Patrick left home for the war on February 17, 2003, a perfectly healthy 40 year old man. I never will forget the date - it was my birthday.
In April 2008 at the age of 45, Pat was declared 100% disabled. It had taken us 5 years of battling the Veteran's Administration to finally achieve the disability rating level that he deserved. Patrick has multiple disabilities that are all service connected.
He lost one-third of his pulmonary function (lungs) while in Iraq(he was air-lifted out of Iraq), and is rated 60% disabled for that condition. He has sleep apnea and has to sleep with a machine (C-Pap) so that he doesn't stop breathing at night. He lost hearing in both ears, and wears hearing aids in both ears now. He developed osteopenia (loss of bone density) due to the massive amounts of Prednisone (steroid) that he was prescribed for his respiratory condition. He also takes multiple other inhaled steroids for his respiratory condition. He is at risk for fracture in his lumbar spine and his left hip due to the massive amounts of steroids taken. He has gastroesophageal reflux disease, most likely caused by his asthma/sleep apnea/massive total medications that he has been prescribed.
He is also rated 70% disabled by Post-Traumatic Stress Disorder. That is not a new rating. It was in effect when he was medically discharged from the Army in late 2003.
Pat is 46 years old now.
In January 2008 we had sold our home in Las Vegas, and became "full-timers" in our 2007 40 foot motorhome. We had big plans to travel the country. There is much of our country I have never seen, and Pat was excited by the prospects of where he wanted to take me, and the things we would experience along the way. We were looking forward to our future.
LIFE CHANGING DEVASTATION:
As stated in an earlier post, Patrick began to unravel on September the 18th 2008. By the early morning hours of the 19th, I knew I needed to remove myself from the situation as I felt it was spiraling out of what I felt I could control. In spite of many situations that had occurred since he returned - I knew there was something different this time.
In spite of feeling the situation was out of my control - I never called 911 that night. I told him I was leaving (not the relationship, but just for that night) and he "snapped".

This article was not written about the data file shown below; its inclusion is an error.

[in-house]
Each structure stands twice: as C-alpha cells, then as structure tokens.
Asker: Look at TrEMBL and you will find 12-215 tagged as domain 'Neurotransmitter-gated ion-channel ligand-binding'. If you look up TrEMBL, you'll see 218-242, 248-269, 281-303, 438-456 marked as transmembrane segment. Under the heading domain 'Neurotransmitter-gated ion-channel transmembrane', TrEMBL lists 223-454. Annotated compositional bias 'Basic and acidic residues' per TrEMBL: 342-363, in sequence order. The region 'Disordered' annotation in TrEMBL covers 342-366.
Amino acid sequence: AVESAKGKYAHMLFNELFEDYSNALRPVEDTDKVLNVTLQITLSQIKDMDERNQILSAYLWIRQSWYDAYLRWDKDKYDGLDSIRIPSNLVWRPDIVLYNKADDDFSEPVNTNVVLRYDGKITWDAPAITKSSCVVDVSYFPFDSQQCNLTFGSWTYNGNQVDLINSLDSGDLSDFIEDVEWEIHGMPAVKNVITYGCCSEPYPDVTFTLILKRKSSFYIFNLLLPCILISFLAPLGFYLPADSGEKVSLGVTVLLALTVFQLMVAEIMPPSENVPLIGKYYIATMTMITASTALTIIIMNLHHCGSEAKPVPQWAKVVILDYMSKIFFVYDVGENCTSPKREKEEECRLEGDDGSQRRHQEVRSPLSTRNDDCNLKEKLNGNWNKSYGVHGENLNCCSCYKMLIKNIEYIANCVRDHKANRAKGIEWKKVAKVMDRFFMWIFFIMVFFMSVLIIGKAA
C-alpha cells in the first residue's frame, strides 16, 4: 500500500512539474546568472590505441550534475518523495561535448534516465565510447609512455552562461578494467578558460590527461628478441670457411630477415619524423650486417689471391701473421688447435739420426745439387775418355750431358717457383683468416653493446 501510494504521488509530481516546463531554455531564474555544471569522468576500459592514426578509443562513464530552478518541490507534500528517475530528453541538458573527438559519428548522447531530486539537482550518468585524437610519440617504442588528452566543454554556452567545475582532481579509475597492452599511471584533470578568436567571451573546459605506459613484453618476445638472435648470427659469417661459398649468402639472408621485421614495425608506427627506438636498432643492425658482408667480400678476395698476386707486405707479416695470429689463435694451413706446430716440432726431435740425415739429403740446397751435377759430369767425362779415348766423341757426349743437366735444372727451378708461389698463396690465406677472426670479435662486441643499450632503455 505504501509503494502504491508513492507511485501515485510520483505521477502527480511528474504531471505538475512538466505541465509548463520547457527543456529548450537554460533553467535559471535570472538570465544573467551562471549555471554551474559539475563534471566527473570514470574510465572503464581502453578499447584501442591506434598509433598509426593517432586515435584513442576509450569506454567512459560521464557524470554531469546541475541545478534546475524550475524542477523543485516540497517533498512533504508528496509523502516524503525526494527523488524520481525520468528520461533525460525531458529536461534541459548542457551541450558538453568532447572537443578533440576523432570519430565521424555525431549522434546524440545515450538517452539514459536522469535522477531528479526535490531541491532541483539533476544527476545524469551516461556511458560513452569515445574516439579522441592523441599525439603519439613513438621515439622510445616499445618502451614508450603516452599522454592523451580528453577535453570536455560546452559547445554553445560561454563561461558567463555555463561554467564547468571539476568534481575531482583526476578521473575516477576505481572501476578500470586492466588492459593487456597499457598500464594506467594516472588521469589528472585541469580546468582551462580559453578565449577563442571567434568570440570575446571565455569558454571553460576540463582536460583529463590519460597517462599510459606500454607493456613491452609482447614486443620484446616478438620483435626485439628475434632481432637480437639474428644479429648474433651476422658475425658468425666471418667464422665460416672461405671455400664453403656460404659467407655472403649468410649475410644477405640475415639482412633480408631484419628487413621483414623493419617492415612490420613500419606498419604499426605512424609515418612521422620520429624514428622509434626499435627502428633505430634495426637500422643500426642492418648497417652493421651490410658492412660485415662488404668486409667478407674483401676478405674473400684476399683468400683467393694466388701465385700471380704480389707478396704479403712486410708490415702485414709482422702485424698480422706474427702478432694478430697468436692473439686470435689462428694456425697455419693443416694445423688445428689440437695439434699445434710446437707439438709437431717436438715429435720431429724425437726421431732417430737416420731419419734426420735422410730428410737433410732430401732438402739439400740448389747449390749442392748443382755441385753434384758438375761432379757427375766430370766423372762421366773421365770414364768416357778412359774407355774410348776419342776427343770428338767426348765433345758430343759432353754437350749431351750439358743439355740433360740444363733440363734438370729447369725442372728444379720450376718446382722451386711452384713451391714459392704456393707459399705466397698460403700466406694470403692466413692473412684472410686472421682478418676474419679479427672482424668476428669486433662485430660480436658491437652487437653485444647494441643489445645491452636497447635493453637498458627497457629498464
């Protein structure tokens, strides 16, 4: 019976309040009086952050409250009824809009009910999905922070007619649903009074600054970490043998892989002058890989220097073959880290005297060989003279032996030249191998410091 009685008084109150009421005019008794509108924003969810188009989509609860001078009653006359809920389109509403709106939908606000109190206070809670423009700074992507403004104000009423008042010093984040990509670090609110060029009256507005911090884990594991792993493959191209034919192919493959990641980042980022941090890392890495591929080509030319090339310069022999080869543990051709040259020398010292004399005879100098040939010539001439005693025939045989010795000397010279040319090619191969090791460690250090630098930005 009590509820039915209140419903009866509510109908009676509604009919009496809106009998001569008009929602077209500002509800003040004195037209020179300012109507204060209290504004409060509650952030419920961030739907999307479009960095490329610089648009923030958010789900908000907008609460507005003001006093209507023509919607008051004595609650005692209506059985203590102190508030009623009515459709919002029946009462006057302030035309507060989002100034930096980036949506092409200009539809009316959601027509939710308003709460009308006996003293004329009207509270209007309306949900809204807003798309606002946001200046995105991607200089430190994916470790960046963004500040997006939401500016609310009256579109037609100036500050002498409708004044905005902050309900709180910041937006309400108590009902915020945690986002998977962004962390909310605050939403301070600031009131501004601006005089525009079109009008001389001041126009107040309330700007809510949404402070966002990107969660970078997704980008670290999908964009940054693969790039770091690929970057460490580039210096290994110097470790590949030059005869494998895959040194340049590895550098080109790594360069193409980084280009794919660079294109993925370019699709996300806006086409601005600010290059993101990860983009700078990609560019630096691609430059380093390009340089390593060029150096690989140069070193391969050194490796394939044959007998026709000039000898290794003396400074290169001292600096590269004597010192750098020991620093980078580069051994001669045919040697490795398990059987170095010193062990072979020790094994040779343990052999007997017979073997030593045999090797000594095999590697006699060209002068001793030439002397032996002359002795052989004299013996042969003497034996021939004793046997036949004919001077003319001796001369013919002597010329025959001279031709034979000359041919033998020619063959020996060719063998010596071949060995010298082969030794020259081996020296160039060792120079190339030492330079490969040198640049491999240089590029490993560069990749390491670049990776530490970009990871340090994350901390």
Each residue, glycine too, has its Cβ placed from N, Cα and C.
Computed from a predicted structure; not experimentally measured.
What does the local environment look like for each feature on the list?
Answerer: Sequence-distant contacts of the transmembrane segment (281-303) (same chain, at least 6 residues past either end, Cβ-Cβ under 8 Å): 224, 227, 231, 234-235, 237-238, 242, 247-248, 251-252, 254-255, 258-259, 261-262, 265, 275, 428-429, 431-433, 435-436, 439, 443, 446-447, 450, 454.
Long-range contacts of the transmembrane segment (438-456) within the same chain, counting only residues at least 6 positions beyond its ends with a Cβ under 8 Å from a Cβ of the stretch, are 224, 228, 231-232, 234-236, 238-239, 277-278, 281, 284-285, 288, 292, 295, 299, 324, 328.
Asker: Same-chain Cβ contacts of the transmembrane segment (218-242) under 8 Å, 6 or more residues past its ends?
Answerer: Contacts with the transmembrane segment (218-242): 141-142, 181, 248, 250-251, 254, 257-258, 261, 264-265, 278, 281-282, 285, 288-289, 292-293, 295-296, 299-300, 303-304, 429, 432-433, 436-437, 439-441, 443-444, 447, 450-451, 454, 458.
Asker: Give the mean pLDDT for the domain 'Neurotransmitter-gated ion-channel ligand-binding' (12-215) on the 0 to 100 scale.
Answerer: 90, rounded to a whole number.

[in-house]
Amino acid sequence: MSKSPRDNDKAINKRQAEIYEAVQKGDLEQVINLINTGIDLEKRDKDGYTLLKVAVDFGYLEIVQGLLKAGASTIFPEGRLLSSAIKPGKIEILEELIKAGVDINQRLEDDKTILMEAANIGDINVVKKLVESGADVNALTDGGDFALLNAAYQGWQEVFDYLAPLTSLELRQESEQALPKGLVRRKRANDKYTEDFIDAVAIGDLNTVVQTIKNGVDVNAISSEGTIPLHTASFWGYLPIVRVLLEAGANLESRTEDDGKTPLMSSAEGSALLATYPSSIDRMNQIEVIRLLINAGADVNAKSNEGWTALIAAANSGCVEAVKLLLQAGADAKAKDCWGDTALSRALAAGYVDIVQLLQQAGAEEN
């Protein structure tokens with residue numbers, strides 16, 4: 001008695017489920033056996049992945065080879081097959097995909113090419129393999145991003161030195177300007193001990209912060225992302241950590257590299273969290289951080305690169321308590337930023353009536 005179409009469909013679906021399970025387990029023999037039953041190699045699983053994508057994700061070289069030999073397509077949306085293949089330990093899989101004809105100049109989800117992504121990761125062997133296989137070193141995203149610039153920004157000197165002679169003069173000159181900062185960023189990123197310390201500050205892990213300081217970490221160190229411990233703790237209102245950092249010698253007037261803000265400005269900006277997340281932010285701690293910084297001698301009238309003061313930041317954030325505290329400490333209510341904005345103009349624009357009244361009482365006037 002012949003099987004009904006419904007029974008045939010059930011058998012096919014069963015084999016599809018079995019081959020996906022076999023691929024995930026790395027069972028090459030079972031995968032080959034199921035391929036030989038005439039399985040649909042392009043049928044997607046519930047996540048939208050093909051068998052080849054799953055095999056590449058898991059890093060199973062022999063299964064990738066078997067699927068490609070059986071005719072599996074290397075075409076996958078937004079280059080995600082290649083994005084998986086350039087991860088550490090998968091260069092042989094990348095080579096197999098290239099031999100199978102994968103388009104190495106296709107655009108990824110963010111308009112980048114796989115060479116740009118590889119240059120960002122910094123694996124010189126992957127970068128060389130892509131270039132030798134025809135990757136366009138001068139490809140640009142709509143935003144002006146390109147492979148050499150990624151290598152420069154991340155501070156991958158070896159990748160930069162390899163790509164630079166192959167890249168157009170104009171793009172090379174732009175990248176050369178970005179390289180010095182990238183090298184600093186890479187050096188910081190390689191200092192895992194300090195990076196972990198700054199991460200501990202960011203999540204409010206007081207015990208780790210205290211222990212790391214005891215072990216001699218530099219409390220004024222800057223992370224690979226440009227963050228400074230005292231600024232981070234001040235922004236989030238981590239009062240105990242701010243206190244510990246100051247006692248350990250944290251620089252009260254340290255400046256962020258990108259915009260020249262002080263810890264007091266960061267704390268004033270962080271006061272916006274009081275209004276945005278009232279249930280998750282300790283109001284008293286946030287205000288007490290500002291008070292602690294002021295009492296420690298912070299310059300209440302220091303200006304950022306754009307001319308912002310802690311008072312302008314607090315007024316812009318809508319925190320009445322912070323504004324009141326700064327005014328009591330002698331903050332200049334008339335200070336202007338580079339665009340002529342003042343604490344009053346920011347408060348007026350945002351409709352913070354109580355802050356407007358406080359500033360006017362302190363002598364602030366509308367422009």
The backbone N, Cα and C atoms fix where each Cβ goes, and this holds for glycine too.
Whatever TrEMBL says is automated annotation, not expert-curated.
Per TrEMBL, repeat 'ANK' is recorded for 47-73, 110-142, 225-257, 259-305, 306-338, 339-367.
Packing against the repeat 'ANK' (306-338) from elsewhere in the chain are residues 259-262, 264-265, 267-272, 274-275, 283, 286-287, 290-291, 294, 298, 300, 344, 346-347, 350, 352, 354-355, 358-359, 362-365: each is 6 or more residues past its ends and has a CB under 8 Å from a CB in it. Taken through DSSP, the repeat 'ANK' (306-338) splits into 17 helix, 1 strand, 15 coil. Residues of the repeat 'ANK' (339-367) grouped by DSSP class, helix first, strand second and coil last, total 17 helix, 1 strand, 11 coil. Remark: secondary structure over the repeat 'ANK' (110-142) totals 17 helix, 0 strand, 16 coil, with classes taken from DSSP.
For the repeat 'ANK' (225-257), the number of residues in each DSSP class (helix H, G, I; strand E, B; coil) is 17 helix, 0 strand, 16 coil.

I have relived that night at least one million times in my mind. What could I have done differently that would have resulted in a different outcome......
I had made a quick exit from the motorhome and drove to an area of safety in the RV park. In what seemed like in a matter of seconds, law enforcement was arriving in multiple numbers.
For a few moments in my life - I knew what it must sound like to be in a war zone.
And then - there was silence.
I was in a state of hysteria - and all alone. I feared Pat was dead, the odds were against him. There were too many officers shooting at him, how could he possibly survive?
In the end one of the officers was wounded, and Pat was shot twice - in the left mid-calf area, and the right ankle area.
He and the officer were airlifted via helicopter to a hospital in Las Vegas. The bill for the helicopter alone was $16,772.00. The VA will not cover his medical bills, even though we have no other health insurance and he is a 100% disabled Veteran - who is rated at 70% for PTSD.
Our beautiful motorhome - Pat's pride and joy - suffered extensive damage on the interior and exterior. The main gun battle occurred outside the motorhome, and many other people's property was damaged as well. Our insurance will cover nothing - they stated "The insured was knowingly involved in unlawful activity."
Isn't it amazing that the insurance was able to form the opinion the he was "knowingly" involved?
Pat was arrested and when he appeared before the judge, his bail was set at $2.5 million dollars.
(My upcoming posting will be about the charges - and what his attorney is doing.)